Organizational performance requires the alignment of business strategy, culture, and leadership practices. Once an organization has defined a business mission, a supporting culture must be established which most appropriately reinforces business objectives and this filters down to the project level. It is the requirement of leadership within the organization to build a unifying culture that supports the achievement of business goals.
Exhibit 1 – Alignment
Culture, “how we do things around here in order to succeed” is an organization's way, identity, pattern of dynamic relationships, “reality.” It has everything to do with implementation and how success is actually achieved. No management idea, no matter how good, will work in practice (implementation) if it does not fit the culture (Schneider, 1994). An organization can have the most superb strategy, but if its culture is not aligned with and supportive of that strategy, the strategy will either stall or fail. Culture establishes and underpins: order, structure, membership criteria, conditions for judging effective performance, communication patterns, expectations and priorities, the nature of reward and punishment, the nature and use of power, decision-making practices, and management practices.
While no one organization has a pure culture throughout, every successful organization has a core culture. The core culture is central to the functioning of the organization, forming the nuclear core for how that organization operates in order to succeed. It is critical that this core or lead culture is aligned with the organization's strategy and core leadership practices. This alignment is central to any organization's effectiveness. Without it, focus is lost and energy wasted, as people, systems and processes work at cross-purposes with one another.
William Schneider's (1994) research indicates that there are four core cultures: control, collaboration, competence and cultivation. Leaders create one of these four core cultures, consciously and/or unconsciously, from their own personal history, nature, socialization experiences, and perception of what it takes to succeed in their marketplace. Each of the four core cultures emerges from the following social organization archetypes:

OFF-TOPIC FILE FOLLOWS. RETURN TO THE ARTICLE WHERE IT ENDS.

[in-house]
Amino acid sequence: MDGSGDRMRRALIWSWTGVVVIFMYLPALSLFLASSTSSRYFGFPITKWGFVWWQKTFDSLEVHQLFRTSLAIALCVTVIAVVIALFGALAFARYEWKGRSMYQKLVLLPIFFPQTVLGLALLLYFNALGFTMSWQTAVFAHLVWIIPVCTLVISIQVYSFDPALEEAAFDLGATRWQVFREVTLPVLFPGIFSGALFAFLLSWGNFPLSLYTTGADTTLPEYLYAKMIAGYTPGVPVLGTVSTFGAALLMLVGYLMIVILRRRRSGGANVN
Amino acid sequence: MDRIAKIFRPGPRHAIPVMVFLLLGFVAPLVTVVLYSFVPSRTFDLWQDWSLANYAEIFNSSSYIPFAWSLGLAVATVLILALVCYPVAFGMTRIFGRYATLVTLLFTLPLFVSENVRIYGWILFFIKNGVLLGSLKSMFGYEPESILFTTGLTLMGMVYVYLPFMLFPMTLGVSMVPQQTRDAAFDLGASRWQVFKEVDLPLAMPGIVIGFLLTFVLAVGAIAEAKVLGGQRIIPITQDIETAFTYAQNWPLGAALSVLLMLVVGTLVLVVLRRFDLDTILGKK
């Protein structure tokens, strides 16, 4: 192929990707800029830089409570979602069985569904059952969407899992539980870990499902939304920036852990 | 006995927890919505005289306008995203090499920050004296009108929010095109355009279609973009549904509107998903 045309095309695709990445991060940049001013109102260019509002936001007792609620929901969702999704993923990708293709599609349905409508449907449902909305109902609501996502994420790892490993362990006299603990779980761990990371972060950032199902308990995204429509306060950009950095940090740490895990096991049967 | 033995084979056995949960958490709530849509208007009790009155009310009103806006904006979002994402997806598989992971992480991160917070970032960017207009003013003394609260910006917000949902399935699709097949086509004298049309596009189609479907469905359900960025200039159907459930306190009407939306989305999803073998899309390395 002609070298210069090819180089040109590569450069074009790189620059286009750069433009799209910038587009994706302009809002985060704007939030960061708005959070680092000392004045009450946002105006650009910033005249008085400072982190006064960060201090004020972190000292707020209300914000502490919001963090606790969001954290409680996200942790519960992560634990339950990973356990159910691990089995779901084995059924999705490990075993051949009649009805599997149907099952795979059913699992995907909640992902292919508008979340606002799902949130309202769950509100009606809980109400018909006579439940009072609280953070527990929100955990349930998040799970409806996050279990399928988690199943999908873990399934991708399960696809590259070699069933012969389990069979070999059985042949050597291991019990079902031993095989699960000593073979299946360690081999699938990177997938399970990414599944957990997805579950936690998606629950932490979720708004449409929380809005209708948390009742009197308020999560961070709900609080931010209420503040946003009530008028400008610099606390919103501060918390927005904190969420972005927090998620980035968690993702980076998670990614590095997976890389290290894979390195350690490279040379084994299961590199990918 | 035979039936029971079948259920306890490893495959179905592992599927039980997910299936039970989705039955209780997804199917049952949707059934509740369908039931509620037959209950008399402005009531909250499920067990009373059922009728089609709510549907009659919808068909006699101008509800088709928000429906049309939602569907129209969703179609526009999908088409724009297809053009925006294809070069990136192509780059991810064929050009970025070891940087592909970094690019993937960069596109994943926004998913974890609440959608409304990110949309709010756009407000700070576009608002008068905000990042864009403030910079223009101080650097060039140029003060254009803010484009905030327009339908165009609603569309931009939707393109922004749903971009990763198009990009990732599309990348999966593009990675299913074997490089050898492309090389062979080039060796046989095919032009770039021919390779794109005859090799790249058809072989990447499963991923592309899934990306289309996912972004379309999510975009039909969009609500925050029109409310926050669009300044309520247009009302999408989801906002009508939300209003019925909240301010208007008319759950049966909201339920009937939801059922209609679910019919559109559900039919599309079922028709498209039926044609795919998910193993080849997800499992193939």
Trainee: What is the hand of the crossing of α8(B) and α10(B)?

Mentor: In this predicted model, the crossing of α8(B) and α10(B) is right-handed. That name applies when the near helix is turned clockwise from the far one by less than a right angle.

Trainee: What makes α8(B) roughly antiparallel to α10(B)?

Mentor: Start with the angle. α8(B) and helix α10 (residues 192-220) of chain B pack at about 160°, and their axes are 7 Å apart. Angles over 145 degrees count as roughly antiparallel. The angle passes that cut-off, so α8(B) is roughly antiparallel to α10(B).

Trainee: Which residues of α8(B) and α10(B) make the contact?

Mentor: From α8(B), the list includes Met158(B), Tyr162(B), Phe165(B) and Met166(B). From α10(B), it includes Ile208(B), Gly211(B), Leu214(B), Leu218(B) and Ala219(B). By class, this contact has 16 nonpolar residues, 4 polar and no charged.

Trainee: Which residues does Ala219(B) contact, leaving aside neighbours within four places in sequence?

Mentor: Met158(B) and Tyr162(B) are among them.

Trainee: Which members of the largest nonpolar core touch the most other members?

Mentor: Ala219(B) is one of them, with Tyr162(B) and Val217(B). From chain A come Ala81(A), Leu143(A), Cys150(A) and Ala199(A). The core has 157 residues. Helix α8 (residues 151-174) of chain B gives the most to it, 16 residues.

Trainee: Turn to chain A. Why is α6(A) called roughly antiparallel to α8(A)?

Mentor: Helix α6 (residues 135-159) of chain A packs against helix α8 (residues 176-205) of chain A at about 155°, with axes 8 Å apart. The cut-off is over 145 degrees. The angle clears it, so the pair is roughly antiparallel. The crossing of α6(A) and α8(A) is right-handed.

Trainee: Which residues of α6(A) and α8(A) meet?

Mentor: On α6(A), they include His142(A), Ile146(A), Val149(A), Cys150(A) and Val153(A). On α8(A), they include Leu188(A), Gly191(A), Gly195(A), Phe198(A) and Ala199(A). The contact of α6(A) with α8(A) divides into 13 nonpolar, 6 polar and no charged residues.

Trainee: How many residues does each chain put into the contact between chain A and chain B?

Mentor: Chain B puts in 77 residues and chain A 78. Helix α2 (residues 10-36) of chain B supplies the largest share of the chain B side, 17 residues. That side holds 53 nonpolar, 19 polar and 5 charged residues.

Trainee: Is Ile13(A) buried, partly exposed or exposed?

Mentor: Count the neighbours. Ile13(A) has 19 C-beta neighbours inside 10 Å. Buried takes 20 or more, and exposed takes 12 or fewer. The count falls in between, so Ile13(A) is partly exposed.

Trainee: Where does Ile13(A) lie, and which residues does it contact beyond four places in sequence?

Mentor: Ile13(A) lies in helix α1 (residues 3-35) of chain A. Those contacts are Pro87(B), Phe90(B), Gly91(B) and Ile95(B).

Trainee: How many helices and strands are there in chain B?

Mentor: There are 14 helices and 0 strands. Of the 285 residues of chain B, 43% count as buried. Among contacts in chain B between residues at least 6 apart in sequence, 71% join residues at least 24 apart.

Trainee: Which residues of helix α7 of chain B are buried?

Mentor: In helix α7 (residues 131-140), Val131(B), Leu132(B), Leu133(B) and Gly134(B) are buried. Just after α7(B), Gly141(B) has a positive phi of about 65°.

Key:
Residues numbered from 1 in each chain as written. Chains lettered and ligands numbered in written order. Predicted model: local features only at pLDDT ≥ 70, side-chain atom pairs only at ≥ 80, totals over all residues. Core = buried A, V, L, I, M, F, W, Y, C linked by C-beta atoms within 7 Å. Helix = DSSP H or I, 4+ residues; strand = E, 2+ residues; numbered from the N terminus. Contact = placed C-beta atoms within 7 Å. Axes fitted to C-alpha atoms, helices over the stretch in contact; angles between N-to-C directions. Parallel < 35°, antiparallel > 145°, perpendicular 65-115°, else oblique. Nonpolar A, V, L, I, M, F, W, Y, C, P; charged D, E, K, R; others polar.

- Control: Military system; power motive
- Collaboration: Family and/or athletic team system; affiliation motive
- Competence: University system; achievement motive
- Cultivation: Religious system(s); growth, or self actualization, motive
There is a strong connection between strategy, culture, and leadership. The fundamental connections are shown in Exhibit 2. The four “epistemologies” that correspond to each of the four core cultures are also listed. By “epistemology” I mean the primary or central way that each core culture knows and understands. This notion of epistemology for each core culture is particularly important for any kind of intervention or practice. The more that an intervention adapts to the epistemology appropriate to the core culture in question, the more probable that intervention will take hold and significantly impact the organization.
The four core epistemologies mean the following:
Control: This culture is all about certainty. It fundamentally exists to ensure certainty, predictability, safety, accuracy, and dependability. Organizational systematism means that the fundamental issue in a control culture is to preserve, grow, and ensure the well-being and success of the organization. The organization as a system comes first. Accordingly, the design and framework for information and knowledge in the control culture is built essentially around the goals of the organization, and the extent to which those goals are met. This culture is centered on organizational goal attainment.